The Bible in English
Old English (pre-1066)
Middle English (1066-1500)
Early Modern English (1500-1800)
Modern Christian (1800-)
Modern Jewish (1853-)

A broader list of English Bible translations is at Modern English Bible translations.

These are other translation projects which are worthy of note which are not easily classified in the other groups:

  • Anchor Bible Series - Each book is translated by a different scholar, with extensive critical commentary. Most translations of the Bible have been authorized or made by religious people for religious use. However, historians and philologists study this Bible as an historical and literary text.
  • Jefferson Bible - Not a translation, but a work of United States President Thomas Jefferson that omits miracles from the gospel stories. Jefferson wished to extract the doctrine of Jesus by removing sections of the New Testament containing supernatural aspects as well as perceived misinterpretations he believed had been added by the Four Evangelists.[1] In essence, Thomas Jefferson did not believe in Jesus' divinity, the Trinity, the resurrection, miracles, or any other supernatural aspect described in the Bible.[2]
  • New English Translation - The NET Bible (acronym for New English Translation) is a free, on-line English translation of the Bible.
  • World English Bible - The World English Bible (also known as WEB) is a public domain translation of the Bible that is based on the 1901 American Standard Version, the Greek Majority Text, and the Hebrew Biblia Hebraica Stuttgartensia.
  • the word on the street - This is the Bible as performance art. In the words of the author, "No way is this the Proper Bible. It’s a trailer for, an intro to, an overview of The Bible (capital 'B'). For those who’ve never read it, And those who’ve read it so much it’s gone stale on them".[3]
  • The Aussie Bible (Well, bits of it anyway) - This is not actually a complete Bible, but more a highly selective paraphrase by Australian author and journalist Kel Richards. The Aussie Bible is a re-telling of the story of Jesus' life from His birth to resurrection in the Australian vernacular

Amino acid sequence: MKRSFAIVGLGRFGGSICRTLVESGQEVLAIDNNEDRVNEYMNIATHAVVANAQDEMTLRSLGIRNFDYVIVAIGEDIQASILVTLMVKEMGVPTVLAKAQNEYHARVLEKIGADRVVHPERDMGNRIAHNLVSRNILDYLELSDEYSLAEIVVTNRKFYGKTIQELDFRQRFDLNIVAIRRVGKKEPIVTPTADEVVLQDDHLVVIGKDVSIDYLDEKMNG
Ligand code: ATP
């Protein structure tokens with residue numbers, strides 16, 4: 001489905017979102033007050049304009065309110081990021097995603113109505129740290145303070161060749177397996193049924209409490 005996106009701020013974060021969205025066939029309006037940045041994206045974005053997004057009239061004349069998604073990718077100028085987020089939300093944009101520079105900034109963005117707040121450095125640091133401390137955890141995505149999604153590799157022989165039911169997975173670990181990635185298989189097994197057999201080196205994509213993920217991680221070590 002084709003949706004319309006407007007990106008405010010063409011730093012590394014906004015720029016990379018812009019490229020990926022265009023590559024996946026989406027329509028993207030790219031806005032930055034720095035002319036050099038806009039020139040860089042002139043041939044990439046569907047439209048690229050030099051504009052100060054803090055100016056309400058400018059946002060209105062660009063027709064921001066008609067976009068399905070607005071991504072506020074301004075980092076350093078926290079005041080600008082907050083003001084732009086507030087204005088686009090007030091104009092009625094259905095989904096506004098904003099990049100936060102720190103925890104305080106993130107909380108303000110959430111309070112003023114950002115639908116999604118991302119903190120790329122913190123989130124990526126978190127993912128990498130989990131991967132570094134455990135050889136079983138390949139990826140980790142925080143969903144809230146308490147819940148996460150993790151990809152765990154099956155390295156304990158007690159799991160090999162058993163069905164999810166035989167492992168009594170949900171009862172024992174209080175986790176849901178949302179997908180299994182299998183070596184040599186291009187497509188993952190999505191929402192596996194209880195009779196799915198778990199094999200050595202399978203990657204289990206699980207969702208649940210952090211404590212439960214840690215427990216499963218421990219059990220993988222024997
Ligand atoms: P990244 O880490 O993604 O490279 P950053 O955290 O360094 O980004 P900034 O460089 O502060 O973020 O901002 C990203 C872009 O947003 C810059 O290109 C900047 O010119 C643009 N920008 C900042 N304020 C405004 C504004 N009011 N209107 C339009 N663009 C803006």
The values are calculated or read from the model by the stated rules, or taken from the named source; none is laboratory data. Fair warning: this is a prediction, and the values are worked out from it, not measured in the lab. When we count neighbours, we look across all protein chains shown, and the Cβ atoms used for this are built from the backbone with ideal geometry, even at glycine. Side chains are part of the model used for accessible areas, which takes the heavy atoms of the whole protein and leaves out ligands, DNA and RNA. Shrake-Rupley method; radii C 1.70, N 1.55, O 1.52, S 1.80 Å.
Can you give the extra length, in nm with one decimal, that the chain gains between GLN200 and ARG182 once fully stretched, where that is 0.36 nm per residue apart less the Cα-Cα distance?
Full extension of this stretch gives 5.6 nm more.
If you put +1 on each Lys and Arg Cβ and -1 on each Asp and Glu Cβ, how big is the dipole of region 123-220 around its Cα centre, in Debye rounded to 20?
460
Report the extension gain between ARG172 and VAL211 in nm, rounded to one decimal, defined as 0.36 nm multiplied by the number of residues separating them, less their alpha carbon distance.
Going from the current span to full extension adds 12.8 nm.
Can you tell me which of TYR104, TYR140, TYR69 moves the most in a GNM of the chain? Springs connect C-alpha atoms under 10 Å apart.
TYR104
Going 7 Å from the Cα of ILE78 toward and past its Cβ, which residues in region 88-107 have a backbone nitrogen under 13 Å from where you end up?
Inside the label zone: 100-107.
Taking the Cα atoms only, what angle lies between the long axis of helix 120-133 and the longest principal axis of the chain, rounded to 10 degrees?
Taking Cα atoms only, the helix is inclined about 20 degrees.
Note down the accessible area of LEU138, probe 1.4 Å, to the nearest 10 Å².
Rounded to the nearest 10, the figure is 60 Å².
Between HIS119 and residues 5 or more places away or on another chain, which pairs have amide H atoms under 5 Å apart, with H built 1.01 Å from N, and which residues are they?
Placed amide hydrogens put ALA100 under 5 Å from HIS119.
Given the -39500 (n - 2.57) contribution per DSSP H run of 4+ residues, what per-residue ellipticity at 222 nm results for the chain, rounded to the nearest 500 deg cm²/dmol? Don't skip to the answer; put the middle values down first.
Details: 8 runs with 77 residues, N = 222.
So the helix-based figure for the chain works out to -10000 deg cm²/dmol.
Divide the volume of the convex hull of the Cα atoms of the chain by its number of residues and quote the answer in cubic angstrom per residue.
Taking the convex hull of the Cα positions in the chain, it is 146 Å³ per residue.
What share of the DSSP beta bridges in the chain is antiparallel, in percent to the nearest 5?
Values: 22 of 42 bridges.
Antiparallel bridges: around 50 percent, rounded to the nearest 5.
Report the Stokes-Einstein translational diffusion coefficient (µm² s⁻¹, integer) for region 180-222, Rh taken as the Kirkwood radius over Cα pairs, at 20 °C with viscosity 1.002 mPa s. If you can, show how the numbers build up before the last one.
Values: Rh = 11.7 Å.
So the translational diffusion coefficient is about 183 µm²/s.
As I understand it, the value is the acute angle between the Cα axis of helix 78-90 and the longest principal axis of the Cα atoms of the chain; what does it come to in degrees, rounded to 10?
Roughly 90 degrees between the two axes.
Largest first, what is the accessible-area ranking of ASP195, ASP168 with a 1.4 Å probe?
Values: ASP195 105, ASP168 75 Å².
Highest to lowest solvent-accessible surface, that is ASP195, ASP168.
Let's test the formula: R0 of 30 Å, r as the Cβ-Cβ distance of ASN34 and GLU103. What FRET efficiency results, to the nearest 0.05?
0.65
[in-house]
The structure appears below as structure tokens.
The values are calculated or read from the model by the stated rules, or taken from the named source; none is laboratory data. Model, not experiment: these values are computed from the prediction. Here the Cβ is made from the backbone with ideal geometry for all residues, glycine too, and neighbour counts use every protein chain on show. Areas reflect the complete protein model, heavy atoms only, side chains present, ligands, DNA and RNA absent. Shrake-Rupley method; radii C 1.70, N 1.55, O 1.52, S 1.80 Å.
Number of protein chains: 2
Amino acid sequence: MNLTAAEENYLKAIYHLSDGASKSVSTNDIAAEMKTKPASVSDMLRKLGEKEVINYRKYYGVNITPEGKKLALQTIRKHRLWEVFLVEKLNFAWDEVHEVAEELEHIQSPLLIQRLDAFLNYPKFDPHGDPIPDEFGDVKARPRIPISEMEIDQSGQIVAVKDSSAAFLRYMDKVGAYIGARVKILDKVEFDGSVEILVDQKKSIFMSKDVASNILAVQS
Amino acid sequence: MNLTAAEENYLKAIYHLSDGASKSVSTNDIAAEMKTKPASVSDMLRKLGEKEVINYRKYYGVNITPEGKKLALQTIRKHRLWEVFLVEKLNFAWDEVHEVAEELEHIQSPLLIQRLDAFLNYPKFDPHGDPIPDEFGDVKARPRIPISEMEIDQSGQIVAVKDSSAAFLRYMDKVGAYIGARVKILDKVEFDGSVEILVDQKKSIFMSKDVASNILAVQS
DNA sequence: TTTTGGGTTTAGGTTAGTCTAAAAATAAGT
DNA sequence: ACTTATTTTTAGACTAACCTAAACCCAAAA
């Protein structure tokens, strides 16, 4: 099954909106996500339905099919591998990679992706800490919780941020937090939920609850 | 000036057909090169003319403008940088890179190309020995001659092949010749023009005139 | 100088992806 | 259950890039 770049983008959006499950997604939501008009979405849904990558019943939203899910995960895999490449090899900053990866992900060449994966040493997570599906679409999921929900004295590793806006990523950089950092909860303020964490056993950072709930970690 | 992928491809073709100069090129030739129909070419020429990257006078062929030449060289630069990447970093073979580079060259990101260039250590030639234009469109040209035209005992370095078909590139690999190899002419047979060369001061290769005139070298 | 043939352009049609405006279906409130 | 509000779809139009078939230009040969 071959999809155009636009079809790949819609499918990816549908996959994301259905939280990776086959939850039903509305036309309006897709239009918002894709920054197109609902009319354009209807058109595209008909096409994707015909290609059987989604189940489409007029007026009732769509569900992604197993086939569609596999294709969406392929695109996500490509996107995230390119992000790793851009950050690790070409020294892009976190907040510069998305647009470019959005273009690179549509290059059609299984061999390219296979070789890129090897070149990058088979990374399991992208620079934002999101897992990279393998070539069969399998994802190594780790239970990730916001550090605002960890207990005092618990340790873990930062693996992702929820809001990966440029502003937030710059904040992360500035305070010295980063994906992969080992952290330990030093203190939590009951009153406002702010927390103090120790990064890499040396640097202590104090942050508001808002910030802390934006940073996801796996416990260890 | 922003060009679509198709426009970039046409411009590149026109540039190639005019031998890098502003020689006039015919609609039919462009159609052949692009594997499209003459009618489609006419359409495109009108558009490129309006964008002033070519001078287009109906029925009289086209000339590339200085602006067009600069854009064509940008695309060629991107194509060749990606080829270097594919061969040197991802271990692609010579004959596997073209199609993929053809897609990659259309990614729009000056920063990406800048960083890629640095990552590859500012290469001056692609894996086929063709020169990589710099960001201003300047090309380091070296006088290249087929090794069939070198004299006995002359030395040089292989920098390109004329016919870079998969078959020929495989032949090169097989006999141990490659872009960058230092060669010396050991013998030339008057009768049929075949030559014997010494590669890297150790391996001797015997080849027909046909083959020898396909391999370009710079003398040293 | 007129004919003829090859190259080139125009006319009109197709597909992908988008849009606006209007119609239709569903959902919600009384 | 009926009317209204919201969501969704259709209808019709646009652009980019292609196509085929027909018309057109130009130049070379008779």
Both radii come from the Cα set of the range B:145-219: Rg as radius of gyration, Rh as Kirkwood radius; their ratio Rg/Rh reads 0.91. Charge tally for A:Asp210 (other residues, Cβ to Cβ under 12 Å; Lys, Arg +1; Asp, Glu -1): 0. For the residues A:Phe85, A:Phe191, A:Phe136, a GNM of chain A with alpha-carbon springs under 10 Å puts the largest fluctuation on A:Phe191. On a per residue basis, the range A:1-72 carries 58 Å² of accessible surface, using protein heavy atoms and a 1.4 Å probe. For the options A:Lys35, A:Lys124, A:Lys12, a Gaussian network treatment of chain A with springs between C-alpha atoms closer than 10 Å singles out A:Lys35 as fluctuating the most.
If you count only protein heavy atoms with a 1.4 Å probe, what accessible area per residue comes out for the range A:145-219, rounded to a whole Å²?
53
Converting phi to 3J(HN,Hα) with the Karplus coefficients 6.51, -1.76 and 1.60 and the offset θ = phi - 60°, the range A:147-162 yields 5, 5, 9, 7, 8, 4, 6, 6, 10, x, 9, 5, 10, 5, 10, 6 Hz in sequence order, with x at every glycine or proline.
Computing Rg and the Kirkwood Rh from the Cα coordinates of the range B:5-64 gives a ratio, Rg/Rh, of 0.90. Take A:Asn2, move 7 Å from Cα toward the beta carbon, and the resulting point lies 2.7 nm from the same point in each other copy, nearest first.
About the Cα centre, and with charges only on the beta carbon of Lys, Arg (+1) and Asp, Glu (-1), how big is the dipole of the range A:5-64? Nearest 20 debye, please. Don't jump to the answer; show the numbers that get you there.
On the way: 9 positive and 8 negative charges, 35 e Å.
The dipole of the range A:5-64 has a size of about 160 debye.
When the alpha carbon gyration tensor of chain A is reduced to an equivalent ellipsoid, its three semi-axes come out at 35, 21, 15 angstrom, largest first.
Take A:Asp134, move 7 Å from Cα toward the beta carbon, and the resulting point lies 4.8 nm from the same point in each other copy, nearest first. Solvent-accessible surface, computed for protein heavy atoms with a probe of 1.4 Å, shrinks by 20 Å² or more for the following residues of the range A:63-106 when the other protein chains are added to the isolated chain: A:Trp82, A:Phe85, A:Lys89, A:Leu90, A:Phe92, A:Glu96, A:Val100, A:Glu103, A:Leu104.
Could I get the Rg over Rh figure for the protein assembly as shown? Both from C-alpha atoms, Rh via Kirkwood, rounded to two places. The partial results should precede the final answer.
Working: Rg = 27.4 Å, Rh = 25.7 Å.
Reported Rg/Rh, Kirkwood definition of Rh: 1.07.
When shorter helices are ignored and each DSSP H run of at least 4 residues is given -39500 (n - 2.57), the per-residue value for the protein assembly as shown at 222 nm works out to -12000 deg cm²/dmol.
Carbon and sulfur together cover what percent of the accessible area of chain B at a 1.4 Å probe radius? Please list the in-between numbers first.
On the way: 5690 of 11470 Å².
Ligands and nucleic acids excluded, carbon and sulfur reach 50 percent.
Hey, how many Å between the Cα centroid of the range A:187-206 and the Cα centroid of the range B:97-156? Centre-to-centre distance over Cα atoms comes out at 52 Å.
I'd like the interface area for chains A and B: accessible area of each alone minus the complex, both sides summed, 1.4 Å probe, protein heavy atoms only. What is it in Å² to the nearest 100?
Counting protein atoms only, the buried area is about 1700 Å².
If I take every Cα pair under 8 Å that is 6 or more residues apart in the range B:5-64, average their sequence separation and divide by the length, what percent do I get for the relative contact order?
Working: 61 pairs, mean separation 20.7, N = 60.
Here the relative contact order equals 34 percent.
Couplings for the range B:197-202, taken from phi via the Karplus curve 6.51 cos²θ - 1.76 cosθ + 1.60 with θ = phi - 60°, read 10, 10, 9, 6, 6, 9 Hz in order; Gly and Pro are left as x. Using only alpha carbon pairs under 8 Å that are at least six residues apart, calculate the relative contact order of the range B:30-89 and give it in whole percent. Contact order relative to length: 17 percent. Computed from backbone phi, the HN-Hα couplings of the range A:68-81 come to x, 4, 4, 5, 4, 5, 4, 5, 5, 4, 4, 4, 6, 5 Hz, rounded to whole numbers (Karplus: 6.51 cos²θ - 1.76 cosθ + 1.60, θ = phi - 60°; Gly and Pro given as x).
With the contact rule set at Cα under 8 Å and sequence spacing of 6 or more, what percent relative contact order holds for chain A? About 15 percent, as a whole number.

• The Joseph Smith Translation. Emendations of the King James Version of the Bible, done by Joseph Smith Jr., the first president of The Church of Jesus Christ of Latter-day Saints. Does not claim to be a translation based on actual documents, but rather claims to be inspired changes designed to restore truths to the Bible text that had become lost or changed since the original words were written. Smith died before it was completed.
  • Book of Yahweh - This "sacred name" version of the Bible is published by The House of Yahweh in Abilene, Texas. It is a modern English translation which uses the names Yahweh and Yahshua in place of God and Jesus. It also uses the Hebrew forms of place and personal names, particularly where the name of Yahweh is part of the name (such as Yeremyah for Jeremiah). Its translator claims it to be one of the most accurate English translations available anywhere today, although it eschews much of Christian theology and dogma due to its alleged pagan origins. It also does not distinguish between the Old and New Testaments, maintaining that the New Testament, rather than being a "New" covenant, is a "re-"newal of the "Old" covenant.
  • The Original Bible Project (OBP) is an attempt to make the translations from Hebrew and Greek in to English as "transparent" and/or "literal" as possible; as of 2007, this translation is in progress and will eventually be released in stores as the Transparent English Bible (or TEB). However, as the translation progresses it will be made available for the public on the aforementioned website. More information can be found here.
  • The Word Made Fresh - Not strictly a translation, but a paraphrase of an English translation by Andrew Edington. It was published in three volumes in the latter half of the twentieth century. Unfortunately the style switches between extremely modern and King James style English, sometimes mid-sentence. Names of people and places are changed into more modern names.
  • God Is For Real, Man - Not strictly a translation, but a paraphrase of English translations by "street children", compiled by Carl F. Burke. It is a collection of Bible snippets, not a complete version.
  • The LOLCat Bible - an effort to translate the bible into the Internet-based pidgin "lolspeak".


  1. Jeremy Kosselak (November 1998). The Exaltation of a Reasonable Deity: Thomas Jefferson’s BIBLE of Christianity. (Communicated by: Dr. Patrick Furlong). Indiana University South Bend - Department of History. Retrieved 2007-02-19. 
  2. R.P. Nettelhorst. Notes on the Founding Fathers and the Separation of Church and State. Quartz Hill School of Theology. Retrieved 2007-02-20. 
  3. [ |]

This page uses content from the English Wikipedia. The original article was at Miscellaneous English Bible translations. The list of authors can be seen in the page history.

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